Dragon Well, Wharncliffe, South Yorkshire

Holy Well:  OS Grid Reference – SK 305 961

Also Known as:

  • Dragon’s Well

Folklore

The famous Wharncliffe Dragon used to drink from here, moreso than the other Dragon’s Well at Bolsterstone more than a mile to the west. The dragon – with its “seven heads and twice seven eyes” – lived a short distant away on the rocks above at the Dragon’s Den. The description of this great beast and its antics at the well were summed-up in Rob Wilson’s book on the Holy Wells of South Yorkshire (1991). He told that:

“The Wharncliffe area has been taken as the setting for the theme of a centuries-old ballad of 19 stanzas , its full title being, ‘An Excellent Ballad of a Dreadful Combat fought between Moore of Moore-Hall and the Dragon of Wantley.’ The 6th and 13th stanzas contain references to Dragon’s Well and are printed below in full:

“Some say this dragon was a witch;
Some say he was a devil;
For from his nose a smoke arose,
And with it burning snivel;
Which he cast off when he did cough,
Into a well that stands by;
Which made it look just like a brook
Running with burning brandy.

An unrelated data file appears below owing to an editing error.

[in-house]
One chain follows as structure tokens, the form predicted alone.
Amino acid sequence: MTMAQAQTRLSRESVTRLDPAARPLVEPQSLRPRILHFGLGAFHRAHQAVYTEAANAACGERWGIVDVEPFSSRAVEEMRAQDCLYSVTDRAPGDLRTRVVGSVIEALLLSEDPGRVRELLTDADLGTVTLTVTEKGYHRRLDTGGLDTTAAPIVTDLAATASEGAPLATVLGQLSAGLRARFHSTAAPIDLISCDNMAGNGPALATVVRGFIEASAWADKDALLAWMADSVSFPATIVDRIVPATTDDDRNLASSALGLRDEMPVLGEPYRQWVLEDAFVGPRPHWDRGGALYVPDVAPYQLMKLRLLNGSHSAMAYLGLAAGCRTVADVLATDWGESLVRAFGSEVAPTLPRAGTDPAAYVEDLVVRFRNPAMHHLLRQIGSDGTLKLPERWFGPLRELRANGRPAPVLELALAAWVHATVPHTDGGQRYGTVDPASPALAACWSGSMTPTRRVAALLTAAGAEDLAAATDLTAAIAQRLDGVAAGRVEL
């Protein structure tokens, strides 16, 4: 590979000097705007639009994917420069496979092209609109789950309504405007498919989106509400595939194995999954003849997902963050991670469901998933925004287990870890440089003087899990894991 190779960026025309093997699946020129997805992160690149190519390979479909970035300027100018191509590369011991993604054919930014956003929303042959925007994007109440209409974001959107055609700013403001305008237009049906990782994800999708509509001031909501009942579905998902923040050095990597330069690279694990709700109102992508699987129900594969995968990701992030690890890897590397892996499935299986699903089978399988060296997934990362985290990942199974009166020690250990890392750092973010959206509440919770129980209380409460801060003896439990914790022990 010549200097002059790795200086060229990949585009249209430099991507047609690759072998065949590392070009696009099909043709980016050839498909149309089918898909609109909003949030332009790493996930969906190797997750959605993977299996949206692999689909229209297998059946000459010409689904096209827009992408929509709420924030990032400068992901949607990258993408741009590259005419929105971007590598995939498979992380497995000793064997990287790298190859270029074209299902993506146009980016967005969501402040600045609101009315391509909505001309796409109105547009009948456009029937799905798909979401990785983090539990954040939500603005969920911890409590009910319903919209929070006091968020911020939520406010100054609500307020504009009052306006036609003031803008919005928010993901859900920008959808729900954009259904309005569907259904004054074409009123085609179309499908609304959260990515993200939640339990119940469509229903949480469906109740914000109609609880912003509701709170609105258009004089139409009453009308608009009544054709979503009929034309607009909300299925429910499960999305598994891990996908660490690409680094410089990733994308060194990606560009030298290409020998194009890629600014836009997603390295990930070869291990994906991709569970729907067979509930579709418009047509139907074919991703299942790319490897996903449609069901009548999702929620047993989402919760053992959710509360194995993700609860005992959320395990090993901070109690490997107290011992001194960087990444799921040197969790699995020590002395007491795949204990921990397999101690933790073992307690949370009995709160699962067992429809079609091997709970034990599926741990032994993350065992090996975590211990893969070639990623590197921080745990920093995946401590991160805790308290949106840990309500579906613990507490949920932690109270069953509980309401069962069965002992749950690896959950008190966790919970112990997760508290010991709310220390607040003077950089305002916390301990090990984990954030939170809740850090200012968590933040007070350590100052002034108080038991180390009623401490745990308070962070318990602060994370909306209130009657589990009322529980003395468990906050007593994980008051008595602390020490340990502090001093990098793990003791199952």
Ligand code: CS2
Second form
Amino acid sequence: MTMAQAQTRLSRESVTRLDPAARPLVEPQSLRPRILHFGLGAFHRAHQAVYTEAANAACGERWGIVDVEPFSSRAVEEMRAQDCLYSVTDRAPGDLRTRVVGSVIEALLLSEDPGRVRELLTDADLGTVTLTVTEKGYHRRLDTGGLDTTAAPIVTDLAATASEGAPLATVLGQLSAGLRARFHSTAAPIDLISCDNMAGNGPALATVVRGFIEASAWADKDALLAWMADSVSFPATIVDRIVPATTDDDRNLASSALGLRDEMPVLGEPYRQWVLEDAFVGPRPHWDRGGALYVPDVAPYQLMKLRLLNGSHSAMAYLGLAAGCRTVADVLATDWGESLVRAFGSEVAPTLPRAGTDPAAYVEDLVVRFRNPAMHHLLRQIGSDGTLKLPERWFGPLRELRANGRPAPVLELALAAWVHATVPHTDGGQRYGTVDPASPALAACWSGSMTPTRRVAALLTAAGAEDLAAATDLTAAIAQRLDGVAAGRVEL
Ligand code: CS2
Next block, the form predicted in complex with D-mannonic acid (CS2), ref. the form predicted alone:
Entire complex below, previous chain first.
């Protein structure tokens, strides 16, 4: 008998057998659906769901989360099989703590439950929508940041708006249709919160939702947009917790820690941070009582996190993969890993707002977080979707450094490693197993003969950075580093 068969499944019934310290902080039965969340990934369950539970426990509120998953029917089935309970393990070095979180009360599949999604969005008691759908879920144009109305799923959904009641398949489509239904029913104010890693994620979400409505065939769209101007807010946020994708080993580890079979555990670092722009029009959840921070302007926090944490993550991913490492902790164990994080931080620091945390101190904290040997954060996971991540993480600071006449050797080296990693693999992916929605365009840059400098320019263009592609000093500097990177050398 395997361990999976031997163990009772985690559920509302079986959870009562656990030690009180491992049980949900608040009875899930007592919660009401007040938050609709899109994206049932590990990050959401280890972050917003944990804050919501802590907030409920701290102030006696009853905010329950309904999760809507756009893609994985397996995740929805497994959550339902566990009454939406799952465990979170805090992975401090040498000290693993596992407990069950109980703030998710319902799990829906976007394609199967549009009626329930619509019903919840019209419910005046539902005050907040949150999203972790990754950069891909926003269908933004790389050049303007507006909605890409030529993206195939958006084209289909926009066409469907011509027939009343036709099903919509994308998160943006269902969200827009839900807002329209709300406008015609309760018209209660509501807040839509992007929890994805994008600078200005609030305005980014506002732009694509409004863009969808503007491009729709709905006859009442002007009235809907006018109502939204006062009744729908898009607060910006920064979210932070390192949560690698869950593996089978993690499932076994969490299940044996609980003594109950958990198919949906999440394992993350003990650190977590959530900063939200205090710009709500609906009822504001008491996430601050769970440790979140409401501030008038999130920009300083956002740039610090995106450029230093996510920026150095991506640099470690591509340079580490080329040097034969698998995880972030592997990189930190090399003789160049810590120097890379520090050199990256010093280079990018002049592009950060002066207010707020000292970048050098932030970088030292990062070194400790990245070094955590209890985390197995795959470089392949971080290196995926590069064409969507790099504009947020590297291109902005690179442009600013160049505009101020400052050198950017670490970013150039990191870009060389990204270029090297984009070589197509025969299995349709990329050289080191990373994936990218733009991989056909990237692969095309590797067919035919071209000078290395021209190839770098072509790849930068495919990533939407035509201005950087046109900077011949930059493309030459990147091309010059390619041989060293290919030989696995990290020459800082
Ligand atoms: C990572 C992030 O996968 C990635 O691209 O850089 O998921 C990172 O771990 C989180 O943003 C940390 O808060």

It is not strength that always wins,
For wit doth strength excel;
Which made our cuning champion
Creep down into a well:
Where he did think this dragon would drink,
And so he did in truth;
And as he stopp’d low, he rose and cry’d Boh!
And he hit him on the mouth!””

References:

Jewitt, Llewellyn, ‘The Dragon of Wantley and the Family of Moore,’ in The Reliquary, April 1878.
Wilson, Rob, Holy Wells and Spas of South Yorkshire, Northern Arts: Sheffield 1991.

© Paul Bennett, The Northern Antiquarian

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About megalithix

Occultist, prehistorian and independent archaeological researcher, specializing in prehistoric rock art, Neolithic, Bronze Age & Iron Age sites, and the animistic cosmologies of pre-Christian & traditional cultures.
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